There is a potential issue with calculating semantic category conflict by comparing same-response trials to congruent trials as all previous studies have done. This is because, whilst congruent and same-response trials could involve response facilitation because the color concepts from both dimensions in each case provide evidence toward the same-response, congruent trials likely involve a unique semantic facilitation effect (Brown, 2011) which would result in faster RTs. Thus, this might not make them a suitable baseline to isolate semantic conflict since any difference in RT between the two trial types could be due in part to the presence of semantic facilitation. In order to remove the influence of semantic facilitation, Experiment 2A included non-color word neutral trials which do not involve semantic or response facilitation or semantic or response conflict. Slower RTs on same-response trials compared to neutral trials would be supportive evidence of semantic category conflict, as is predicted by multiple-stage accounts (Klein, 1964; Zhang and Kornblum, 1998; De Houwer, 2003; Schmidt and Cheesman, 2005; Zhang et al., 1999). Should same-response trials be faster than neutral trials it would be evidence for an effect of response facilitation on same-response trials, not solely semantic conflict as has previously been assumed. Moreover, it would mean that studies comparing same-response and different-response trials for a purer measure of response conflict would also have to be reassessed. Importantly, even evidence for no difference between the trial types would be meaningful since it would indicate that same-response trials should not be used to infer the presence or absence of semantic category (or stimulus–stimulus) conflict.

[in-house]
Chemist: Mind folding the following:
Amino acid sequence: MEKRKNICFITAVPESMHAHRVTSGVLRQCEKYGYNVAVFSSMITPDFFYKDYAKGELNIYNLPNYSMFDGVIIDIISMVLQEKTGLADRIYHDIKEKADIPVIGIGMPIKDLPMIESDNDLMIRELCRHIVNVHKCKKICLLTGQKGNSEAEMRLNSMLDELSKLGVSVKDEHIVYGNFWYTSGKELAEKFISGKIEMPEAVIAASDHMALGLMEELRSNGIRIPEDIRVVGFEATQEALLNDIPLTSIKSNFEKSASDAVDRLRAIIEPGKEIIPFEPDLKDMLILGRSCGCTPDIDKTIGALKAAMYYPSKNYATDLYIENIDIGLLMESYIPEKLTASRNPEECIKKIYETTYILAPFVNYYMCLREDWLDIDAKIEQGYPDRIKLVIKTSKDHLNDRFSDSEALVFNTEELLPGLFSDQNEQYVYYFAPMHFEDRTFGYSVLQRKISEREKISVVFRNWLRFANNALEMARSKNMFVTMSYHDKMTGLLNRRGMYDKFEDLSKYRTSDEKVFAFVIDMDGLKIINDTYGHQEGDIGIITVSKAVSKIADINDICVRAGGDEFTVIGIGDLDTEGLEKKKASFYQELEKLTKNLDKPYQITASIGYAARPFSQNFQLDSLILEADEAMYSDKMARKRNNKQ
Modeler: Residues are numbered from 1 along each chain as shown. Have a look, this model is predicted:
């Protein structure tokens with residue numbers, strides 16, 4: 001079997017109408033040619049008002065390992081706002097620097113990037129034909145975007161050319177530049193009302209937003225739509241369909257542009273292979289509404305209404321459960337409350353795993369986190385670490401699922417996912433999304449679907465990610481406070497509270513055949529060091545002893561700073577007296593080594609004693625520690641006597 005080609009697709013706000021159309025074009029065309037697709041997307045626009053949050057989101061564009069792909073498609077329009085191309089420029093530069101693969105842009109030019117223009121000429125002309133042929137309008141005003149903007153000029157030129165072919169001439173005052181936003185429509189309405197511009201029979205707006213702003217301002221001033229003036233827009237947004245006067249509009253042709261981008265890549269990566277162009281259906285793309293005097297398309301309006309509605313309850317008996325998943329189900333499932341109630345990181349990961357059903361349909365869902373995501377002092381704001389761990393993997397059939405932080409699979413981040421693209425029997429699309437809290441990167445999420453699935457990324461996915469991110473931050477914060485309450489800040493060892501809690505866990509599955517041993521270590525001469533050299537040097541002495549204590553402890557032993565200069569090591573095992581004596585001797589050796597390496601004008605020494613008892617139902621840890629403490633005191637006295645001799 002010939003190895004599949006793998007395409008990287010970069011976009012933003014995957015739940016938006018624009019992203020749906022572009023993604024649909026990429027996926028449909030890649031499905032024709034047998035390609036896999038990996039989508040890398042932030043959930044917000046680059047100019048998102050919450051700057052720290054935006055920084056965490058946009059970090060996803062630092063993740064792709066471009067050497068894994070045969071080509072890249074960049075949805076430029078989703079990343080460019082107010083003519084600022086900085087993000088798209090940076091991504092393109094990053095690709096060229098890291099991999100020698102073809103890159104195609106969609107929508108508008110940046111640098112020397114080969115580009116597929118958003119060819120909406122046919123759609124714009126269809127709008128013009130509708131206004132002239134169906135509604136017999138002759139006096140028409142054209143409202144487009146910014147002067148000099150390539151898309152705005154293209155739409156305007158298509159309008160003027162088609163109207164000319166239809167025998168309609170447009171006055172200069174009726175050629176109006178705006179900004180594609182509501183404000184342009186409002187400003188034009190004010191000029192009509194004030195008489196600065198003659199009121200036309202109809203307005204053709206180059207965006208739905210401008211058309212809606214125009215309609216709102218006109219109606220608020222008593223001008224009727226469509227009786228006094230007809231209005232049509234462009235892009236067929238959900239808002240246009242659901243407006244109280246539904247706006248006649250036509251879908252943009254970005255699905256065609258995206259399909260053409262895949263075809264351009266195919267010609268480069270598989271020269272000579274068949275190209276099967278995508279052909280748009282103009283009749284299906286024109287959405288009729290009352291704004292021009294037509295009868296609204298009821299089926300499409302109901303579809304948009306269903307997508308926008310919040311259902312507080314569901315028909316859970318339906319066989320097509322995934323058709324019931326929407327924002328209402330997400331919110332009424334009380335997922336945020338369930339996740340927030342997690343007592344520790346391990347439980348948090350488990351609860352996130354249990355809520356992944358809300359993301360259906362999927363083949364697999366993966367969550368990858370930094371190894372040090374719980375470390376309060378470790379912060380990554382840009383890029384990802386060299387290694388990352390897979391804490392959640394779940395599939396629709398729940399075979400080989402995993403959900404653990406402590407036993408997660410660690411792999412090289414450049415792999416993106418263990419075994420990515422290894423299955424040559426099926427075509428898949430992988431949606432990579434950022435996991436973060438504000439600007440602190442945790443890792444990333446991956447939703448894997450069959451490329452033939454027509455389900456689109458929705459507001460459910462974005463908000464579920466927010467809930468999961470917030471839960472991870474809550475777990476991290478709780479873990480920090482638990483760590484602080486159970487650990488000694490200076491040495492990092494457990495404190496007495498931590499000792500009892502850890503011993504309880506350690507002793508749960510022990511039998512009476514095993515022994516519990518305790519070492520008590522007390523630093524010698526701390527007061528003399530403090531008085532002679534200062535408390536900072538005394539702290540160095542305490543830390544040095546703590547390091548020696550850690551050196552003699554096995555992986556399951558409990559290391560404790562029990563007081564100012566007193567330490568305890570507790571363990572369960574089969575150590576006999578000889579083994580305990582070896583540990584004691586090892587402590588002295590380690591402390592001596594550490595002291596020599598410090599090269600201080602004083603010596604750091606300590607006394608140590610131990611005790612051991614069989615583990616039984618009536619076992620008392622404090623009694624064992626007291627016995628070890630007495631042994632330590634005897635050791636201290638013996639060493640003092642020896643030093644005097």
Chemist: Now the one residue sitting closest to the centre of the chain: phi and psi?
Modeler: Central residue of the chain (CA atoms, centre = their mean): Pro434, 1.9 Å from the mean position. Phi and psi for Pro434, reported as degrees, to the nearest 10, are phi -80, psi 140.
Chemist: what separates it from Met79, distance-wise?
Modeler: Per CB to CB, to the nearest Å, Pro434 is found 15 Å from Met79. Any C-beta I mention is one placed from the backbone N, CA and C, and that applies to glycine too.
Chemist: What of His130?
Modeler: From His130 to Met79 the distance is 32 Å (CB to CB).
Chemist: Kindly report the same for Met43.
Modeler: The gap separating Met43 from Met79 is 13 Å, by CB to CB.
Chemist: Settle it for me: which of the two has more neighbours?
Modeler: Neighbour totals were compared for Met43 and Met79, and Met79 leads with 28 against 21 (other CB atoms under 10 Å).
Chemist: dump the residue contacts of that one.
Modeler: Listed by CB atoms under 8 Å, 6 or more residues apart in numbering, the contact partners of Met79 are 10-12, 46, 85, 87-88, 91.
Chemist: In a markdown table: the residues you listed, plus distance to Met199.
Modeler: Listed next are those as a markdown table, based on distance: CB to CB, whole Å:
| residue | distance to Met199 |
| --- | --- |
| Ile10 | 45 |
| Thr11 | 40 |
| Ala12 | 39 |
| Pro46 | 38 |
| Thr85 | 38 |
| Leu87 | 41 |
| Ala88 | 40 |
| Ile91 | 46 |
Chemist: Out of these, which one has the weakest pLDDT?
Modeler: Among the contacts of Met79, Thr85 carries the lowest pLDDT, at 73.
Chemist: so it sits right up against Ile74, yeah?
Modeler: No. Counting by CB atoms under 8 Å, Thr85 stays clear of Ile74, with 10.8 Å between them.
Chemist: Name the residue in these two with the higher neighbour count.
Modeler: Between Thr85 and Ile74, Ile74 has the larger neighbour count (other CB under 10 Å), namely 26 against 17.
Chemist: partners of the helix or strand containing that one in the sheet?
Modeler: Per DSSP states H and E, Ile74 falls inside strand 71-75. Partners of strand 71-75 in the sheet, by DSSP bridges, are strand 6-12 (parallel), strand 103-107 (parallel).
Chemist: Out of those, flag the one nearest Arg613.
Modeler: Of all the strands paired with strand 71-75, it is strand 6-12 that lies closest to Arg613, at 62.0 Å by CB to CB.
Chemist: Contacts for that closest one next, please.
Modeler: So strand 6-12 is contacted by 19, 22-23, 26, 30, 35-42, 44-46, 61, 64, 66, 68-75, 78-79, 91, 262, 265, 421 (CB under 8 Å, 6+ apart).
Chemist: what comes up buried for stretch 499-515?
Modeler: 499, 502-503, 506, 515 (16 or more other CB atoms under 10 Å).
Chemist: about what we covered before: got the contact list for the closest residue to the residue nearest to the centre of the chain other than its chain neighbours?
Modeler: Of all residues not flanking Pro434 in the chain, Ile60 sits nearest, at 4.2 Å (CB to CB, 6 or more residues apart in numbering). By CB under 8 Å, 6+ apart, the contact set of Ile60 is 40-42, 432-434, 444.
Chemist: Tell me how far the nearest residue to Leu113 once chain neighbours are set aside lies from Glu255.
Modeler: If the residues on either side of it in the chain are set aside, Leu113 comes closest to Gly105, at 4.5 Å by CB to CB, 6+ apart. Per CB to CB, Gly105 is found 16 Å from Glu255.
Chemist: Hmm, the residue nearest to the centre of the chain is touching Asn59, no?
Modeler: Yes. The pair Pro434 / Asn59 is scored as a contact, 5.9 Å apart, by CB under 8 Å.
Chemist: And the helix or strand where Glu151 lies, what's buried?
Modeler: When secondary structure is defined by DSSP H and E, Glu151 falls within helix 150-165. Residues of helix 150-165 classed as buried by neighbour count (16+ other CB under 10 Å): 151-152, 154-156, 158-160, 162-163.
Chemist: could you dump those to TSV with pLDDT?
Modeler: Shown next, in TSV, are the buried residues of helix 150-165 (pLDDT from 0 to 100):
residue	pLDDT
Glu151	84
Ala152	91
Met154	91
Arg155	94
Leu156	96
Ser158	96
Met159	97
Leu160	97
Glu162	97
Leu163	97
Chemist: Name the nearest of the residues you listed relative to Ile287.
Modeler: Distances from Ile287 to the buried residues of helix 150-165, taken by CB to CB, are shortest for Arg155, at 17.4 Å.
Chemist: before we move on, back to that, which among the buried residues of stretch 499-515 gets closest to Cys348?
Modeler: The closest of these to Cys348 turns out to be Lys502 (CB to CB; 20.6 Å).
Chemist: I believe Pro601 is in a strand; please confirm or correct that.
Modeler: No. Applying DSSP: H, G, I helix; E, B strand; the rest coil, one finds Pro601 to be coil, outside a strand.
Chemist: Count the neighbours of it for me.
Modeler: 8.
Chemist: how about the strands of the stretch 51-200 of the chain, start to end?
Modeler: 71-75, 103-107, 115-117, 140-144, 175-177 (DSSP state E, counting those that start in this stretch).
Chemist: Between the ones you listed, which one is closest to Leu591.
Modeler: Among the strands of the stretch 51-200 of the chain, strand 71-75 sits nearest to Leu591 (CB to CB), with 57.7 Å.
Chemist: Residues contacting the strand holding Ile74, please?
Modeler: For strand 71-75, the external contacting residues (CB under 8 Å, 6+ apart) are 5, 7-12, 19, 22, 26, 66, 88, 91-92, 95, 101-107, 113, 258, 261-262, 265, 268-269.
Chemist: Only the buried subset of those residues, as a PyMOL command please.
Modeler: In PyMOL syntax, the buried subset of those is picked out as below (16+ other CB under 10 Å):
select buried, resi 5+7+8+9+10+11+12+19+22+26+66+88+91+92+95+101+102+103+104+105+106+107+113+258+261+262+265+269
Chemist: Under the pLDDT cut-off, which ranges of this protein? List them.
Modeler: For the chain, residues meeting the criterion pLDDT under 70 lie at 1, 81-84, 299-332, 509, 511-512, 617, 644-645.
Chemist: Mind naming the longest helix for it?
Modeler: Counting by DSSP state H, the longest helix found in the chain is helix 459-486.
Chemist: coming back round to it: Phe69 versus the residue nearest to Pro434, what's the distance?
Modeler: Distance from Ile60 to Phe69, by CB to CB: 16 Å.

Inclusion of Non-Response Set Incongruent Trials

Non-response set incongruent trials (e.g., “purple” printed in blue, when the color purple is not used on any trial) involve semantic category competition but no semantic facilitation, since both dimensions of the Stroop stimulus activate different color concepts, but little or no response competition (Klein, 1964; Sugg and McDonald, 1994) and response facilitation because the word dimension is not a possible response. If responses to same-response trials are faster than those to non-response set trials it would provide support for the existence of response facilitation on the former. Moreover, since non-response set trials do not include response facilitation, the comparison between these trials and neutral trials might give a better measure of semantic category conflict than same-response trials. Finally, the comparison between non-response set trials and different-response trials might provide a purer measure of response competition.